Sunday, 31 March 2013

Klaus Dechert, offer for readers

Klaus Dechert (II)

German Moku Hanga printmaker. 

(rare offer for Blog readers & visitors)

Almost two years ago I shared my discovery of the traditionally created  Japanese prints by Klaus Dechert (see here*). Recently reader Markus, a relative of the artist, has send me pictures of some more examples of his (framed) work that are in his possesion. 

Prints by Dechert are hardly ever seen on the market and for those who would like to own a print by Klaus Dechert: the prints shown here are all for sale. A rare opportunity and, for the moment before offering them to an auction house, exclusively for readers of the Linosaurus. Markus has asked me to forward any seriously interested requests. Which I will happily do.  

(You'll find my email under the contact button, above

Sunday, 24 March 2013

Janina Konarska, Polish printmaker

Janina Konarska (born Seideman) - Słonimska
Łódź  1900 - 1975 Warsaw
Polish painter, sculptor and woodblock printmaker

I stumbled upon a print by this Polish artist and here’s the result of my initial  research. Amazingly Janina Konarska is hardly known outside Poland and all text I could find I had to translate. But here is: all color woodblock prints I could find shown together for the first time in this posting.   
Born in a family of textile factory owners she initially was trained as a teacher artist. Later entering the Warsaw Academy of Fine Arts she was Wladyslaw Skoczylas (1883-1934) printmaker and art educator, favourite student.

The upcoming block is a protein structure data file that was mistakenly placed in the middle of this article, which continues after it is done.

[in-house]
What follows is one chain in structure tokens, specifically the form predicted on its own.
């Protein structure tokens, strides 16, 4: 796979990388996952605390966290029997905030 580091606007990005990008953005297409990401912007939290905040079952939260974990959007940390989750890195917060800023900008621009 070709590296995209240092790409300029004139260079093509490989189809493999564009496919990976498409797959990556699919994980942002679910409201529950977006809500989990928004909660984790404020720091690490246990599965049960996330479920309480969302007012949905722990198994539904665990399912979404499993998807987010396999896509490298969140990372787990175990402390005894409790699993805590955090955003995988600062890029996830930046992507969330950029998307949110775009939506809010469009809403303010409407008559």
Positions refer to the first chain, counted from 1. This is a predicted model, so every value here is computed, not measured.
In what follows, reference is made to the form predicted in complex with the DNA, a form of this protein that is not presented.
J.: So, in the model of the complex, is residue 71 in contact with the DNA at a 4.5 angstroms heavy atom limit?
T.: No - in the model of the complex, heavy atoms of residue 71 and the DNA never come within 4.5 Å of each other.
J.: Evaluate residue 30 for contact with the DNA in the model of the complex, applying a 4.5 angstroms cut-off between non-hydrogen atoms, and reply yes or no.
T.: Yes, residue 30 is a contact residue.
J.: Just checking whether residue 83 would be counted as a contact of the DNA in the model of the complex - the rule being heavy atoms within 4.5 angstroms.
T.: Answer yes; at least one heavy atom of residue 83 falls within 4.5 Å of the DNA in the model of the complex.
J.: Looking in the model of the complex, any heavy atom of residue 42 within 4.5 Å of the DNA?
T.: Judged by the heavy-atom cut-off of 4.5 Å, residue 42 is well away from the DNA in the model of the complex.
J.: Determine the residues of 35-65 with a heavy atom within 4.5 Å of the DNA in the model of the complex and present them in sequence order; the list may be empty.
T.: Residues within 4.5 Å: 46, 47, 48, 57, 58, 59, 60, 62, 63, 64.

In 1918 she adopted the artist name of Konarska, which was officialised in 1924 also for her daughter Hanka. During the Polish-Russian War (1918-1921), the fight for Polands' independence, she worked as a nurse treating and caring for the injured soldiers. Janina Konarska exhibited successfully internationally during the 1920's and 1930's in 1932 winning a medal for her “Skiers” in Los Angeles (US).

Konarska in the 1920’s belonged to Poland’s inner circle of intellectuals, artists and writers. Her friends described her as stunningly beautiful: a "Sophie in  Soplicowo Garden” hinting at Poland’ s famous literary national epic epos Pan Tadeuzs (Sir Taddeus) by poet  Adam Mickiewicz (1798-1855). Below a still from the 1999 movie (note also the beautiful flowers !)

This 19 pencil sketch below, I could not find any sculptures or paintings by her hand, is of pianist Arthur Rubinstein (1887-1982), with Frederique Chopin (1810-1849) and Pope John Paul II (1920-2005) among the most famous of Polands' sons.
Besides Janina's iconic beauty she was an intellectual, and a passionate lover of Polish poetry. And, it is said, of Polish poets, writers and artists. Her turbulent love life was as legendary as her beauty. 

In 1934 to anyones surprise she married writer, poet and journalist Antoni Slonimski (1895-1976) gradually ending her own artistic career dedicating the remainder of her life to her husbands career.